Carbon Neutral Offset Projects
Shaklee's 2021 Carbon Neutral Protocol
Shaklee is carbon neutral. The greenhouse gas inventory for 2021 covering all Shaklee operations worldwide includes US, Canada, Japan, China, Malaysia, and Taiwan, and was reviewed by a third party, WSP Global, in accordance with the Greenhouse Gas Protocol for all six Kyoto-defined greenhouse gases. Shaklee set operational boundaries for the inventory of its worldwide greenhouse gas emissions and worked with WSP Global to calculate the carbon footprint from Scope 1 and Scope 2 emissions. The total amount of Shaklee's greenhouse gas emissions from worldwide operations in 2020 was measured and converted to metric tons of CO2 equivalent. In addition, Shaklee has worked to voluntarily comply with the Scope 2 guidance, measuring both market-based and location-based emissions. Shaklee has partnered with 3Degrees to offset its carbon footprint in North America and Asia with country-specific Green-e (and equivalent) certified renewable energy credits and Verra (formerly Verified Carbon Standard) carbon offsets. The following are examples of projects Shaklee has supported in the past.
Solar-Powered Lighting Installation
Sri Lanka and India
Less than 25% of the populations in Sri Lanka and India have access to electricity. Solar photovoltaics offer a healthy alternative to extending the power grid or constructing fossil-fuelled power plants. Shaklee supported a project to replace kerosene lamps, diesel generators, and batteries with solar photovoltaics in Sri Lanka and India. Over the 20-year lifetime, one household 35 watt solar photovoltaic system will prevent more than six tons of CO2 from entering the atmosphere.
Shaklee partnered with Dr. Jeffrey Sachs and the Earth Institute at Columbia University to instal solar-powered lighting in African villages. This project provides a sustainable energy resource to remote areas and also supports the 2015 United Nations’ Millennium Development Goals. The installation of solar-powered LED lanterns in 2007 replaces inefficient and unhealthy kerosene wick lamps and encourages renewable energy sources as a sustainable model. For the villagers, this will have a tremendous impact and provide the means for increased productivity, higher earnings potential, and expanded hours for education.
Shaklee supported construction of the Rosebud Sioux Tribe Wind Turbine Project: the first large-scale Native American owned and operated wind turbine. The 750 kilowatt turbine was installed by Native Energy on the Rosebud Sioux Reservation in South Dakota.
Shaklee also funded wind turbine projects in Oregon and Texas to fulfil its commitment with the EPA Climate Leaders Program to offset all its greenhouse gas emissions from U.S. operations and use Green-e certified renewable energy. In 2007, Shaklee became the first consumer products company to offset 100% of its greenhouse gas emissions through the EPA Climate Leader's program and use 100% green power.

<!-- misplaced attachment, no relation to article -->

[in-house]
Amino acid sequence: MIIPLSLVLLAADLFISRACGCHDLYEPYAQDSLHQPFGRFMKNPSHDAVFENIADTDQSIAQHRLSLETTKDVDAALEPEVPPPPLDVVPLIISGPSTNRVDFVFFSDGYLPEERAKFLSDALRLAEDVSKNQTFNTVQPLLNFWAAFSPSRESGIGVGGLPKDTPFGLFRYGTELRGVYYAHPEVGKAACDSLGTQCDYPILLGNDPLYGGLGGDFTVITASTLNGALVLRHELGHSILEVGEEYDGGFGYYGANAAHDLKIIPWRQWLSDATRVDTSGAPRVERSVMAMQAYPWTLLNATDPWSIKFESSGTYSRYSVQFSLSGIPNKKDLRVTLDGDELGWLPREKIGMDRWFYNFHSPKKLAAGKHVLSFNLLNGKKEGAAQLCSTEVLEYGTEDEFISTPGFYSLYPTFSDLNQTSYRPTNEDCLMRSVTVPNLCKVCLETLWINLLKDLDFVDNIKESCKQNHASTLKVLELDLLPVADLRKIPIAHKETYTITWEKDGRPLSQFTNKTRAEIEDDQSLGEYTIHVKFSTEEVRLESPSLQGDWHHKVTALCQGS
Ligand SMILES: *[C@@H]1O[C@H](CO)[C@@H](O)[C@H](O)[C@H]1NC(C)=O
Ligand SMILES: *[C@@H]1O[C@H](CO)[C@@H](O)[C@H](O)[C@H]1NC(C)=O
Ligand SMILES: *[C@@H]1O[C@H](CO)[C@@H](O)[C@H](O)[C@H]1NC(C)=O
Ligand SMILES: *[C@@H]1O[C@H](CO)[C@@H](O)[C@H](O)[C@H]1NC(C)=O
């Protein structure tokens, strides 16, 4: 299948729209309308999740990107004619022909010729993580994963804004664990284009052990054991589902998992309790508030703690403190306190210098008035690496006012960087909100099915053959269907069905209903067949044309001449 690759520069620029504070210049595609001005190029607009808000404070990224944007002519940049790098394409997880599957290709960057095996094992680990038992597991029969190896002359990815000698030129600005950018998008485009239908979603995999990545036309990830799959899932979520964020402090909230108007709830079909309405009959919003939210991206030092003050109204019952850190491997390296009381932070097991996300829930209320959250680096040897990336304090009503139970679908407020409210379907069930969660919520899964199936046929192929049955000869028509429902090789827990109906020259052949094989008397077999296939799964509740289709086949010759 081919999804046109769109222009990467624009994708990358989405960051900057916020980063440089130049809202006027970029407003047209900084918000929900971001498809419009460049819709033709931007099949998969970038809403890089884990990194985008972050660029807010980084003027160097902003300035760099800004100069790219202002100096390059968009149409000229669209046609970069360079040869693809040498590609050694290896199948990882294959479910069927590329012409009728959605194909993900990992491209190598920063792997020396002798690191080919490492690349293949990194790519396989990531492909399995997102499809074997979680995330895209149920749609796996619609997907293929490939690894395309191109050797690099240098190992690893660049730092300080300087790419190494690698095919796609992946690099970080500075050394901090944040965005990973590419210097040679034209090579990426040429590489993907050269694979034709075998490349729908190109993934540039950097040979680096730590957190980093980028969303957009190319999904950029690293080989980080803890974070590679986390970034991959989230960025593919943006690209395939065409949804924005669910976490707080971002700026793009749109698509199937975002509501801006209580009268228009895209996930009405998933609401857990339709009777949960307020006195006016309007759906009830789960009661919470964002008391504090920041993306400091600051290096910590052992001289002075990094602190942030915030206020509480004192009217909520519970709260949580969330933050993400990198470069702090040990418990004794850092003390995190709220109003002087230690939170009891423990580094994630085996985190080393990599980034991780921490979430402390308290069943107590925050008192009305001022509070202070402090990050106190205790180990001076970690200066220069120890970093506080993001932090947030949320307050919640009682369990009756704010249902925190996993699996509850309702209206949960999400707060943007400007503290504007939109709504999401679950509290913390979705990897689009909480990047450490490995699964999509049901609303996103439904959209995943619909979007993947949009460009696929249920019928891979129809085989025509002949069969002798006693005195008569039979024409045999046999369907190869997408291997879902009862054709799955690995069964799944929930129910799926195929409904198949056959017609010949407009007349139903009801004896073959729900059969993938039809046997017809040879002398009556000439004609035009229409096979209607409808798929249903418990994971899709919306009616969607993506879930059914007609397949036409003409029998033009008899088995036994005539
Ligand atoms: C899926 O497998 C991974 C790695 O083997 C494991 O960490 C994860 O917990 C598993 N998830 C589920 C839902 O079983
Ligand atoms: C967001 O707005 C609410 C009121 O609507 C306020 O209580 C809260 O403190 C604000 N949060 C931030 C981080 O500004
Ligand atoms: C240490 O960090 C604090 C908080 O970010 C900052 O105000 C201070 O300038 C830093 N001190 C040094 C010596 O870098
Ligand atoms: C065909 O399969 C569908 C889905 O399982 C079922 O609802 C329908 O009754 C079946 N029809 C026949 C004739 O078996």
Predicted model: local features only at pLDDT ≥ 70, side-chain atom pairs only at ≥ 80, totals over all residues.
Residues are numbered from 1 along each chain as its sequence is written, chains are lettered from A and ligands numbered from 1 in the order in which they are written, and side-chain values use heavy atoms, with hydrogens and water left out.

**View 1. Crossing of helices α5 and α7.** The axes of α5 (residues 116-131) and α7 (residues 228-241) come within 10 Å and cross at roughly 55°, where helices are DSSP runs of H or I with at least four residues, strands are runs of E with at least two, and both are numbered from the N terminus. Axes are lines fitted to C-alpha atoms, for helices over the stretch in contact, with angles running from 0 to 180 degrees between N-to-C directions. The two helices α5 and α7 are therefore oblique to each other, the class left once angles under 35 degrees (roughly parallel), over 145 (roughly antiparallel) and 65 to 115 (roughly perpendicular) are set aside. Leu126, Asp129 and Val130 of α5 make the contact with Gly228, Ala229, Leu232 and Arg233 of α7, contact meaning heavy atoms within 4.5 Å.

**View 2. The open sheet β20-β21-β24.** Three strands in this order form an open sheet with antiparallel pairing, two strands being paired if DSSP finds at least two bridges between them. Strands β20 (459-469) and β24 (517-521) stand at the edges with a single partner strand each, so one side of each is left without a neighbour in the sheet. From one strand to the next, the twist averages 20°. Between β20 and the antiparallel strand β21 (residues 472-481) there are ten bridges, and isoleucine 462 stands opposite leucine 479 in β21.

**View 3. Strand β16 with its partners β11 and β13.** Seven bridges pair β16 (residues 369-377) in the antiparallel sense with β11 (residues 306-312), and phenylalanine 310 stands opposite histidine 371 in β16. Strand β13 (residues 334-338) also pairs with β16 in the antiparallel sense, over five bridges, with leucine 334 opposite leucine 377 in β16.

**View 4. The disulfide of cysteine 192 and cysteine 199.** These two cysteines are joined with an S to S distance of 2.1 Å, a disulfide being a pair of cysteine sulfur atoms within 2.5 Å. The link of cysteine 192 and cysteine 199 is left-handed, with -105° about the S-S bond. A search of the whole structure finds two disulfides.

Shaklee purchased renewable energy credits (RECs) from a variety of projects in countries in which it generated emissions. Previously, Shaklee's RECs came from an Oklahoma wind project and the Hancock Wind Energy Center, home to 148 different 660-kilowatt turbines with a total capacity of 98 megawatts – enough electricity to power approximately 33,000 American homes. Another benefit of this wind farm is that the land remains in agricultural use while the turbines are in operation, using the same amount of land for multiple uses and benefits. Most recently, Shaklee has continued to purchase Green-e certified 100% renewable wind for many of its renewable energy credits.
Portland Public Schools
Portland Public Schools had about 200 steam-generating boilers, which were not cost effective. Shaklee helped fund a project to switch boilers in the Portland schools from oil burners to standard gas burners, which increases efficiency. The retrofit lowered carbon emissions and also reduced energy costs for the school district.
San Bernardino County School Buses
The majority of school children in the United States travel to school each day riding in school buses run on traditional petroleum-based diesel fuel. These buses expose children and others in the community to dangerous pollutants that are harmful to their health. Shaklee supported a project to convert school buses in San Bernardino County, California from petroleum-based diesel fuel to biodiesel fuel made from vegetable oil, a renewal source. The retrofit not only decreased greenhouse gas emissions but also reduced tailpipe emissions of pollutants that can aggravate asthma in children.
At the Greater New Bedford landfill in Dartmouth, Massachusetts, it was common practice to vent the methane from the landfill's decomposing organic matter directly into the atmosphere. In 2005, Commonwealth New Bedford Energy LLC, which operates the landfill, chose to invest in a project that captures the landfill methane and burns it to generate enough electricity to power approximately 1,500 U.S. homes. This repurposes the methane from waste gas to energy for consumption and also allows the landfill to remain in operation. Shaklee supported this project monetarily through purchasing greenhouse gas offsets generated by the project. Landfill gas utilization, in contrast to many other energy sources, requires relatively small amounts of additional land resources. Through 2017, Shaklee has continued to utilize landfill gas offsets. In 2018, we also utilized solar and wind project offsets, as well as an offset project in Mississippi that switches natural gas to biomass for thermal energy. In 2021, we utilized offsets from the Davidson county Landfill Gas Combustion Project in North Carolina.